Facts of Discovery and Physical Description

The Vertigo meramecensis was found in the Meramec River drainage on a warm and muggy day in 1979 by Amy Schraeder Van Devender.


The distinct jaw of the Bluff Vertigo- Photo permission granted by Staff at The Nautilus for use of photo from Van Devener, S. 1979. A new Vertigo (Pulmonata:Pupillidae) from the Ozarkian uplift. The Nautilis 93: 70-73.What separates this species from others in this genus is its oblong shell tapering with five well rounded whirls. The shell surface has strong small striations and is said to be a translucent chestnut /cinnamon brown color. The species is 1.86 mm long and 1.15 mm wide. (Van Devender 1979) Though it is usually very difficult to distinguish between species of this genus, the Bluff vertigo next to last whorl bears a crest and the ventral side teeth on the snail are more recessed than the teeth closest to the dorsal side.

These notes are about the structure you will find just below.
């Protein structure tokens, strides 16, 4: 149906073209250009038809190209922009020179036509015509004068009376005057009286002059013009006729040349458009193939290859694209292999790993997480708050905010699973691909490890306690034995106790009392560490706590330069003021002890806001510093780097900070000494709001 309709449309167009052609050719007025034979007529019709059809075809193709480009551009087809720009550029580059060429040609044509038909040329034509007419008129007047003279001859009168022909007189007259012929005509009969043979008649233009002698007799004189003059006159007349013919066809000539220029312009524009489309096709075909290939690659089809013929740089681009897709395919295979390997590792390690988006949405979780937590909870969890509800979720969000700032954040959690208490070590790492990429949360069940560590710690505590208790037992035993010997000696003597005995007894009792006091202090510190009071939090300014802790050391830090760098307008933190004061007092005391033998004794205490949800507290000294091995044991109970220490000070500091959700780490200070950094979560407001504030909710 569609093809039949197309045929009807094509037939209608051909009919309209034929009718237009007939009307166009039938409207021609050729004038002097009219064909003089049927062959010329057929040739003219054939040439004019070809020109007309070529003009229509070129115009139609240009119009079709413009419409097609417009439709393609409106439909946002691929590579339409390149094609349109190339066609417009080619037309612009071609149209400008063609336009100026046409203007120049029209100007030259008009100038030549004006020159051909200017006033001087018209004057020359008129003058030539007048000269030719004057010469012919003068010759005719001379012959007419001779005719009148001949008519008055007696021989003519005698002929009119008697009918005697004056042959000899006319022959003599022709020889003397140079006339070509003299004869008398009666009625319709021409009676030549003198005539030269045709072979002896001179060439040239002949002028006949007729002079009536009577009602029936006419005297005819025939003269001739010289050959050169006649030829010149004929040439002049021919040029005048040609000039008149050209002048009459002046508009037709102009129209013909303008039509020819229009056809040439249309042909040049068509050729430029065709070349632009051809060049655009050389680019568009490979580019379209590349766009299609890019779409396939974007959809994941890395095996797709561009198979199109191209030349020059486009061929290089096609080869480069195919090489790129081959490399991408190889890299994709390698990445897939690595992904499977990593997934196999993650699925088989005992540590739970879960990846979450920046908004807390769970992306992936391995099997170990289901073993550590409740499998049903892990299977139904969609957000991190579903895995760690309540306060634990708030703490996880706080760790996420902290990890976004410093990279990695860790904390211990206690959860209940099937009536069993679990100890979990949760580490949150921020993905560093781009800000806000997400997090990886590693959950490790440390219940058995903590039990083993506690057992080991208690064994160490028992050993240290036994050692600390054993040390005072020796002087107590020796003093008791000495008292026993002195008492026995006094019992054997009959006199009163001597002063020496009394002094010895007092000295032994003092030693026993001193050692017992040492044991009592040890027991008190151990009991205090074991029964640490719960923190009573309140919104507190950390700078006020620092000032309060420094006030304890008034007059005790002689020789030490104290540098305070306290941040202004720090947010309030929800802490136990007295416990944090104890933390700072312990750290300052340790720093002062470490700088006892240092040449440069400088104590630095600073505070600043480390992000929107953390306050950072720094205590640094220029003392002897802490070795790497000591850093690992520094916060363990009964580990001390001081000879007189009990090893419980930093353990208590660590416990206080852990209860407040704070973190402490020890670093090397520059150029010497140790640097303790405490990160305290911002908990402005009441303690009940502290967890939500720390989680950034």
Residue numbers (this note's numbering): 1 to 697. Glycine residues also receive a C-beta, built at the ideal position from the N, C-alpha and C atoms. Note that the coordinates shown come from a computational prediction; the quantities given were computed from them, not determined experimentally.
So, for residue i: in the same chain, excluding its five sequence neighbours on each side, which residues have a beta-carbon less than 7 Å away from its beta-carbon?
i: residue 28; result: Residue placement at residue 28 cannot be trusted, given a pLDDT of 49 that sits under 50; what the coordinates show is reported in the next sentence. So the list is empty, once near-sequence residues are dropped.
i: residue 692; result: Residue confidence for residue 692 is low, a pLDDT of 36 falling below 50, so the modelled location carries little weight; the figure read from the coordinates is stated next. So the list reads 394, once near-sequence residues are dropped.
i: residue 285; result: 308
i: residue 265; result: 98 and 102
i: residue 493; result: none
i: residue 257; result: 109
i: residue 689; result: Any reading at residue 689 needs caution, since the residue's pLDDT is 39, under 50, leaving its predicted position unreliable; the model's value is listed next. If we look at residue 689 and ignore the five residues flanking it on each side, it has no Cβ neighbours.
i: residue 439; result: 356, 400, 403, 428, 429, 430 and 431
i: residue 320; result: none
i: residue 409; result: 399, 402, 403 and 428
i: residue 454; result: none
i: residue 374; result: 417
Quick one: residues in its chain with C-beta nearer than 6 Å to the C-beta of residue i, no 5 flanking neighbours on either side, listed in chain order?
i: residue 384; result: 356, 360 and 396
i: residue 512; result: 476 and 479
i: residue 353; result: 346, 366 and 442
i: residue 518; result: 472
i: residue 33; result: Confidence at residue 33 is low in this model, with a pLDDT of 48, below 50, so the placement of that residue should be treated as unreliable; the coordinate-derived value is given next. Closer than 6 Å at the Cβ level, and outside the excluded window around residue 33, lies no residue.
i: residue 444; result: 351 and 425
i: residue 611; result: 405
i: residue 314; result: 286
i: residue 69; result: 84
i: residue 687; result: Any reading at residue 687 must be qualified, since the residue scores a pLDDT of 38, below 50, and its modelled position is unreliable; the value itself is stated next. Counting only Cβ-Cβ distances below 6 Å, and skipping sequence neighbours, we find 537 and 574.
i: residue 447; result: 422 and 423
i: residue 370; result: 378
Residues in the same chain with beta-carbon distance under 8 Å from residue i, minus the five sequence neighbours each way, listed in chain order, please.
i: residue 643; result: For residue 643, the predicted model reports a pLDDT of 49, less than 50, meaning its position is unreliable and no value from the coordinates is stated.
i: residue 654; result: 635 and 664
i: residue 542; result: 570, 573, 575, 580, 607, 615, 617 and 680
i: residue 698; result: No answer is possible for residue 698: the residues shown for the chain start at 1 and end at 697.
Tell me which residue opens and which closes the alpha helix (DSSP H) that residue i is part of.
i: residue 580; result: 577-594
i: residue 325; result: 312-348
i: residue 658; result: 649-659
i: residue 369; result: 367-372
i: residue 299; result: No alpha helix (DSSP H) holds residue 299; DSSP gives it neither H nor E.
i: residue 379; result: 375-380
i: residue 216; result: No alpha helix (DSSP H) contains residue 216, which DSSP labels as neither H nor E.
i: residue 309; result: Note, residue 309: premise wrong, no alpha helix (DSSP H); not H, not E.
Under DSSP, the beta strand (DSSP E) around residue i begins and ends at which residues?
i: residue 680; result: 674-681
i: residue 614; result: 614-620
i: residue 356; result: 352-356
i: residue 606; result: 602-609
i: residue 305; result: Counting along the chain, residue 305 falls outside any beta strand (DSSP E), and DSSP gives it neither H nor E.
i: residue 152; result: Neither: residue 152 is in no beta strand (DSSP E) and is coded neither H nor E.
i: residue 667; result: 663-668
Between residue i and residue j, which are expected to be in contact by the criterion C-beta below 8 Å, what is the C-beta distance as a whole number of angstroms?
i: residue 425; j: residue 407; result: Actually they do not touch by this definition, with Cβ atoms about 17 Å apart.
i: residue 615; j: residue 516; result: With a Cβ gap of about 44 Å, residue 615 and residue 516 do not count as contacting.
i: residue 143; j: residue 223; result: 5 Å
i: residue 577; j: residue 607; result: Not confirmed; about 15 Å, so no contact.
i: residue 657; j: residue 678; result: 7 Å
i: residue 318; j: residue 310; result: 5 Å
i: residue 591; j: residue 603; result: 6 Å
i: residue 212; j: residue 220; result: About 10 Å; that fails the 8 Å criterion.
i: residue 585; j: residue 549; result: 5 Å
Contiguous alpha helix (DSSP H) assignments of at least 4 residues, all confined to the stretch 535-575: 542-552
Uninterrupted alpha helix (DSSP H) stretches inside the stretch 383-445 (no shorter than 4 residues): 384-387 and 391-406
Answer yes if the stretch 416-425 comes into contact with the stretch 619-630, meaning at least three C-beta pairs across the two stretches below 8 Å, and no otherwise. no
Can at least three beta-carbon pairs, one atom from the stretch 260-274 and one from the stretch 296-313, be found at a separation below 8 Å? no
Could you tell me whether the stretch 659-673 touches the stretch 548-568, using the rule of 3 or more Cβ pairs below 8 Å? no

This organism is particularly interesting to me since it is found and was discovered in the Midwest. Since the Vertigo meramecensis is endangered it is important to find and publish information about it before it goes extinct.